Howard Yonas, MD Howard Yonas, MD

UNM stroke expert joins KOAT's Ramo for public talk

UNM’s Dr. Howard Yonas reveals exciting new approaches to neuro-care

ALBUQUERQUE, NM – UNM stroke expert Howard Yonas, MD, chair of Department of Neurosurgery in UNM’s School of Medicine, will offer a community talk followed by a “bench-to-bedside” interview with KOAT-TV medical editor and local cardiologist Dr. Barry Ramo. The interactive, public event is slated Monday, Jan. 12, 6:30-7:45 p.m. in Albuquerque Academy’s Simms Auditorium, 6400 Wyoming Blvd. NE. The talk, part of the UNM School of Medicine’s 50th anniversary, is free and open to the public, but please register at under "Community Academy.""

Yonas and Ramo will discuss both common and complex neurological issues that affect all New Mexicans – like stroke – and fascinating new approaches UNM has developed to care for patients. They’ll also discuss a unique approach to treating back pain at the state's only endoscopic back surgery center and new seizure treatments, and take questions from the audience.

Attendees will learn about UNM’s new ACCESS Telehealth program, a $15-million federally funded grant to provide instantaneous neurosurgical consultations for patients throughout New Mexico. UNM is installing a network of low-cost, high-definition conferencing equipment in emergency rooms throughout the state, enabling UNM neurosurgeons and neurologists to provide real-time, face-to-face consultations via the internet with doctors, patients and their families who live in areas that have traditionally lacked access to this type of specialized care.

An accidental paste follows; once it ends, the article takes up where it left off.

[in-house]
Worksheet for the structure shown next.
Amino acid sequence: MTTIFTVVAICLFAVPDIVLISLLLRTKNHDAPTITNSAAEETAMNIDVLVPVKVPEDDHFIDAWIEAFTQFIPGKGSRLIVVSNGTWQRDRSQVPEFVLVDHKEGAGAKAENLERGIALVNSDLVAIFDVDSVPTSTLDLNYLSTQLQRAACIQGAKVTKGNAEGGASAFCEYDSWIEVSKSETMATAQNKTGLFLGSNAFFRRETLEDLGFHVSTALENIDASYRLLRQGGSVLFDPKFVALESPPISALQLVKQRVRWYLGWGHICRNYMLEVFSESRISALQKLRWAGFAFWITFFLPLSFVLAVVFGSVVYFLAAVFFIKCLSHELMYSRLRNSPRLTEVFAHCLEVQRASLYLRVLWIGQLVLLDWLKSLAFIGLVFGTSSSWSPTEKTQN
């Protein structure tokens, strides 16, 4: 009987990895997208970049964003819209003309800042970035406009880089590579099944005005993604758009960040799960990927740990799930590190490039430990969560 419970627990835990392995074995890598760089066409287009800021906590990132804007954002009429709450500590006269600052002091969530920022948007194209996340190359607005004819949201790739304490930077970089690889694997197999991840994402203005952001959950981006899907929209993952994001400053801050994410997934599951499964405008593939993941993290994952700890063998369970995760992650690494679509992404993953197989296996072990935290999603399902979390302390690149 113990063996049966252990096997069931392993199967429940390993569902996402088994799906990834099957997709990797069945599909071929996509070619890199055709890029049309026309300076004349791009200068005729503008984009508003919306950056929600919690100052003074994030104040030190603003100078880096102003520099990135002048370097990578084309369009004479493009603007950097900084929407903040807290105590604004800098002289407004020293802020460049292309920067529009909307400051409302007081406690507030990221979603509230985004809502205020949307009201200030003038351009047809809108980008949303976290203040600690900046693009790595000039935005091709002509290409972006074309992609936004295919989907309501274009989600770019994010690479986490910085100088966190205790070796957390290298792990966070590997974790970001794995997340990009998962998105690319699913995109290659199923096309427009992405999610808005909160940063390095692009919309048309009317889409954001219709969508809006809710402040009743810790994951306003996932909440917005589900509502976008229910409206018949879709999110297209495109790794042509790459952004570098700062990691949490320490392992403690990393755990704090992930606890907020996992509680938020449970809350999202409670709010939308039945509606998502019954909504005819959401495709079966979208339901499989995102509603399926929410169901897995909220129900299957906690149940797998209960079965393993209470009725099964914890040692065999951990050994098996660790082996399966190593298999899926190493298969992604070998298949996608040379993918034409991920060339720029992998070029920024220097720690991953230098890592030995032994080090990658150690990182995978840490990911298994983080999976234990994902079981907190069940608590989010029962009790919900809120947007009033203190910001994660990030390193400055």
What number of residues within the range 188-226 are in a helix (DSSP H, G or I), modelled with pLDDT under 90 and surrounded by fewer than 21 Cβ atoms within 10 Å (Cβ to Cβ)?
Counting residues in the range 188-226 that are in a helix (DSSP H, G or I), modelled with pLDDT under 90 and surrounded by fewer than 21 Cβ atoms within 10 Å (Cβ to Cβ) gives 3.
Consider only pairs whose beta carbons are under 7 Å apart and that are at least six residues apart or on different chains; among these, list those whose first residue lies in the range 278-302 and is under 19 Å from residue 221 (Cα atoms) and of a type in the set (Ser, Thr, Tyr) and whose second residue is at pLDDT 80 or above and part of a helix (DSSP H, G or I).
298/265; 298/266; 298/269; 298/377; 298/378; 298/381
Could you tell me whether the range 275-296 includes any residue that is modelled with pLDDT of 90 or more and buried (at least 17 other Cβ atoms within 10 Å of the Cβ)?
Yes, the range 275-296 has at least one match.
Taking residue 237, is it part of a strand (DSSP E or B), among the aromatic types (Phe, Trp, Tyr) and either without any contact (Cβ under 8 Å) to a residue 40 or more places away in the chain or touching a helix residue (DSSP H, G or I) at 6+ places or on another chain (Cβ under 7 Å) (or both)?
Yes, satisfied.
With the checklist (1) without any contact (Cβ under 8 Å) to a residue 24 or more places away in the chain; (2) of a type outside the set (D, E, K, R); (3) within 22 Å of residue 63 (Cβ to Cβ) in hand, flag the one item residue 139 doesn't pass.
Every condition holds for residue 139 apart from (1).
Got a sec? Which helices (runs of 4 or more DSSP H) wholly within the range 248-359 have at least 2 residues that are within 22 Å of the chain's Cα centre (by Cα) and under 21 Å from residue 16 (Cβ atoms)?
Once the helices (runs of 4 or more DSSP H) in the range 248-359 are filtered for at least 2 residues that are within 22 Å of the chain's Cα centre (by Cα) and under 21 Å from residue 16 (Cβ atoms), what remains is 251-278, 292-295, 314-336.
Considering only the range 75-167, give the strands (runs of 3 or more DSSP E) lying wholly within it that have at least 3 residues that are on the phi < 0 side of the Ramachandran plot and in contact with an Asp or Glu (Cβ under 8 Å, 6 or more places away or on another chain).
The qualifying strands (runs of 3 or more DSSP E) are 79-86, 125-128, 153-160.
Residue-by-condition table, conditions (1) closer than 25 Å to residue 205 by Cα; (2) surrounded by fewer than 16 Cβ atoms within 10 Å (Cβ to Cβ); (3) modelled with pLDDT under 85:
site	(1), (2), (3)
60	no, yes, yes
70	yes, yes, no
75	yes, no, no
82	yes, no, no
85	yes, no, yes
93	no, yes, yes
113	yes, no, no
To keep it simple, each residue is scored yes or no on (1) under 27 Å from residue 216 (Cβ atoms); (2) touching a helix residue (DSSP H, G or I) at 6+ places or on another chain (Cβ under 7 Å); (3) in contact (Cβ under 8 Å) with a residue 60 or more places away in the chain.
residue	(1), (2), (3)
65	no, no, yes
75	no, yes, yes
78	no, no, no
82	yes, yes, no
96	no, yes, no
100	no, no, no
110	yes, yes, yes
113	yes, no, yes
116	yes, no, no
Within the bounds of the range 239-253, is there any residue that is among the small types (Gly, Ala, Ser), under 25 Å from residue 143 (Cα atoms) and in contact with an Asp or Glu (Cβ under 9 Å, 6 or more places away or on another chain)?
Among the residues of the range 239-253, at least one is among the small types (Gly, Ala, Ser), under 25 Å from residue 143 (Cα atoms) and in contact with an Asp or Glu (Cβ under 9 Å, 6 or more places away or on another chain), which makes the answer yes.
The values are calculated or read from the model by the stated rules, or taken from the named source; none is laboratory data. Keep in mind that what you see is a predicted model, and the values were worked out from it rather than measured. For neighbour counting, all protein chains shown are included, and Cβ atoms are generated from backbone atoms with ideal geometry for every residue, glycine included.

An estimated 67 million American adults have high blood pressure and 71 million American adults have high levels of low-density lipoprotein (LDL) cholesterol. These are two leading risk factors for heart disease and stroke.

  • Every 45 seconds, someone in the U.S. suffers a stroke.
  • Stroke is a leading cause of serious, long-term disability.
  • Eight people in NM become stroke survivors every day.
  • Stroke can cause disabilities like paralysis, vision and language problems, and possibly death.


  • Dizziness or loss of balance or coordination.
  • Severe headache with no known cause.
  • Nausea and vomiting that comes on very fast.
  • Confusion, hard time speaking or understanding.
  • Weakness or numbness on one side of the body.
  • Trouble seeing in one or both eyes.
  • Trouble walking.

This opportunity to learn the latest information on stroke and heart disease in New Mexico is part of the UNM School of Medicine's 50th Anniversary. For more information on the UNM Health Sciences Center, visit our websites.

Categories: Community

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